of the People’s Vote march revealed sheer terror. I was in absolute stitches after reading it. In the mother of all rants, it not only regurgitated the expected ‘remoaners’, ‘treacherous’ and ‘against democracy’, but also threw in ‘hissy’, ‘sanctimonious’, ‘mass toddler tantrum’, ‘latte-supping”, etc, for good measure.
Now that their hysteria has subsided – at least, for their sake, I hope so – here are a few helpful corrections to that column’s contents: The People’s Vote march was part of an admirably democratic process; Leave voters are not “thick” or “racist”, but were just lied to, time and time again; you are the “hatefilled” and “insanely dangerous” ones, not People’s Vote campaigners. Paul Smith
I used to think I understood politics. It was all about economics. How should the government encourage economic growth? How much of the national income should be spent on public services? How should wealth and income be distributed between different social groups?
Then I became confused. How could people support a politics that was clearly not in their or their country’s economic interests?
Now I think I understand the reason. These people look at the world though a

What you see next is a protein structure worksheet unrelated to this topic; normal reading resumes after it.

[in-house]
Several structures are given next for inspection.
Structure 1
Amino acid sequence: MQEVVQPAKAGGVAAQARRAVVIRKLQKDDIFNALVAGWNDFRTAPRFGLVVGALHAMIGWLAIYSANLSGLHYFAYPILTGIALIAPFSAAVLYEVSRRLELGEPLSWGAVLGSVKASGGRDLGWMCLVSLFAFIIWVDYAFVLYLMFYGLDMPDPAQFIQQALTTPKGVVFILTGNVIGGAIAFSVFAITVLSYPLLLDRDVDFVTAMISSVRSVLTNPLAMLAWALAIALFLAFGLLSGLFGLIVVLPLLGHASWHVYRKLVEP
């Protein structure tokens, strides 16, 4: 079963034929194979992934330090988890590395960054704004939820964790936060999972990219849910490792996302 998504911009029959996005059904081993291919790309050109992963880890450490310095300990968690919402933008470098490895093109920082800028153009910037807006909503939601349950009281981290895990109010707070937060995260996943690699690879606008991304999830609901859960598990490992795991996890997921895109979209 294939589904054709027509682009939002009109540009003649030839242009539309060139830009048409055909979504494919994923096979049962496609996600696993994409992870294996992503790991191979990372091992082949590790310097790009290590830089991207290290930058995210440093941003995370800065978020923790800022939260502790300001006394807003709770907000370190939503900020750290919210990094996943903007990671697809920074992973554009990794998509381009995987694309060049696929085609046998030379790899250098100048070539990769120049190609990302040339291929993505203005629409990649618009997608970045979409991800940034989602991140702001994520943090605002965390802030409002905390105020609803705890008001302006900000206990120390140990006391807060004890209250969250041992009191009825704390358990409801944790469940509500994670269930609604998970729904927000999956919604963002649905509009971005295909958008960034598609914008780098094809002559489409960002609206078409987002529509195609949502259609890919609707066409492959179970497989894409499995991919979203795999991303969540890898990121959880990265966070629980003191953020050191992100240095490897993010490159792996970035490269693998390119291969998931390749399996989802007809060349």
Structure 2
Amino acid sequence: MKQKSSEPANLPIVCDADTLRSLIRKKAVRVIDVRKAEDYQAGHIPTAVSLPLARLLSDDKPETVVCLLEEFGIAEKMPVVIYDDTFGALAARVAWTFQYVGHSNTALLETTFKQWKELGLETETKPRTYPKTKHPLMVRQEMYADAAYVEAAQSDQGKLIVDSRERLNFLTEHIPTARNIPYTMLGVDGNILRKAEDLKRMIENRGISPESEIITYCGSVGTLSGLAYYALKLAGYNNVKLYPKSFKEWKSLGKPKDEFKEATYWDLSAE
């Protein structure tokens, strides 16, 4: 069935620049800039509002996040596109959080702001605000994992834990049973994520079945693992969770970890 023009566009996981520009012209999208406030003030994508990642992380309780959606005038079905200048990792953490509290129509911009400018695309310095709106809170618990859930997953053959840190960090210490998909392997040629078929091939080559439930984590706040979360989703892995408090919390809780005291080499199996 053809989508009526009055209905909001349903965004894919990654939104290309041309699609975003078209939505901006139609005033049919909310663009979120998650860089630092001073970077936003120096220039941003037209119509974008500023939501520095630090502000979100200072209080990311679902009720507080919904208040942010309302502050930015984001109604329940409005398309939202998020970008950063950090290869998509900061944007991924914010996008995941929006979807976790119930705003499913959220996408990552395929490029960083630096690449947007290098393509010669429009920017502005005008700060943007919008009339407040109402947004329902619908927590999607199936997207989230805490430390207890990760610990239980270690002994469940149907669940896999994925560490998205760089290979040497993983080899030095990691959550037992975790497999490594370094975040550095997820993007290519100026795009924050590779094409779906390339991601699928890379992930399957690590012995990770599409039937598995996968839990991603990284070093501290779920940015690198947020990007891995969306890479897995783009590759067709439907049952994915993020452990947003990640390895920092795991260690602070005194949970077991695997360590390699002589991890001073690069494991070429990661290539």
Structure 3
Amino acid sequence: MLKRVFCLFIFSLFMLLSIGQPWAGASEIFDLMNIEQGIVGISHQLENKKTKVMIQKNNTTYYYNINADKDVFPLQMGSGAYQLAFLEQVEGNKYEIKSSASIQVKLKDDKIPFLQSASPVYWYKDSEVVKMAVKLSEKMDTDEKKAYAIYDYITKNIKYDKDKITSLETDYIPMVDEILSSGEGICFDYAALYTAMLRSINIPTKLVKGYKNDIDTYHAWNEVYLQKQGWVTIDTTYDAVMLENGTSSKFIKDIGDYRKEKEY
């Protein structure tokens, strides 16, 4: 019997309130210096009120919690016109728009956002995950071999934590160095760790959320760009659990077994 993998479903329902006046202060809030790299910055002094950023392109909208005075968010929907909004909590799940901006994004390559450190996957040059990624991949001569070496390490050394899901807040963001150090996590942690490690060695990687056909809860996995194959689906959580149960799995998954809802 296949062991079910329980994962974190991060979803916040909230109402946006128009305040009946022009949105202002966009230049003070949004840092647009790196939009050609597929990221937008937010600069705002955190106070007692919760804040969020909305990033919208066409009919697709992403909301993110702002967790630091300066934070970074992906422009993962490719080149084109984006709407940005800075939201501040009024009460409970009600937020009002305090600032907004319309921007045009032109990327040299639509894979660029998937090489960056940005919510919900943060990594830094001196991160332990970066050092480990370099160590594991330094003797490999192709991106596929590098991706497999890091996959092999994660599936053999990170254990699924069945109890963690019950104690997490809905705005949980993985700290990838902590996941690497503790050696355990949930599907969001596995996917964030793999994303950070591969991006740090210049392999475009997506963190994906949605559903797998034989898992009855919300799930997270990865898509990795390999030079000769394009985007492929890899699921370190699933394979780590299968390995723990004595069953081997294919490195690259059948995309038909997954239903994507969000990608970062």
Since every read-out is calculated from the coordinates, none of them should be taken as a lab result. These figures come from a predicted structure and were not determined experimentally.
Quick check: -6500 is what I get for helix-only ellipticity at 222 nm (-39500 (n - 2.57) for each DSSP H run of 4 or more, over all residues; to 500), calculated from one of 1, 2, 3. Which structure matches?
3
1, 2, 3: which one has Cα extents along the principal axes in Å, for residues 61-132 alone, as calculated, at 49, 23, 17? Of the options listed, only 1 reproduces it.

different prism. It is not about economics, it is about nationalism and power (sometimes called sovereignty). Whereas in the politics of economics it is possible to propose win-win solutions, the politics of power is a zero-sum game. Everyone who is not in your tribe is a foe and something that damages your tribe is still a step forward if it damages another tribe more. Hence it is possible to ‘win’ a trade war in the same way that it is possible to ‘win’ a military war. You accept that your tribe will take losses as long as you think you can inflict greater losses on your foes.
When it is said that no one voted in the European referendum to be poorer, I don’t think this is true. I think those who look through the prism of nationalism and power would be happy for Britain to be poorer.
But the consequences would be worse than that. History teaches us that populists start with trade wars and end with military wars,
The challenge is not to convince the Brexiters that Brexit will make Britain poorer. They know this already and don’t care. The challenge is to expose this dangerous ideology! Adrian Waite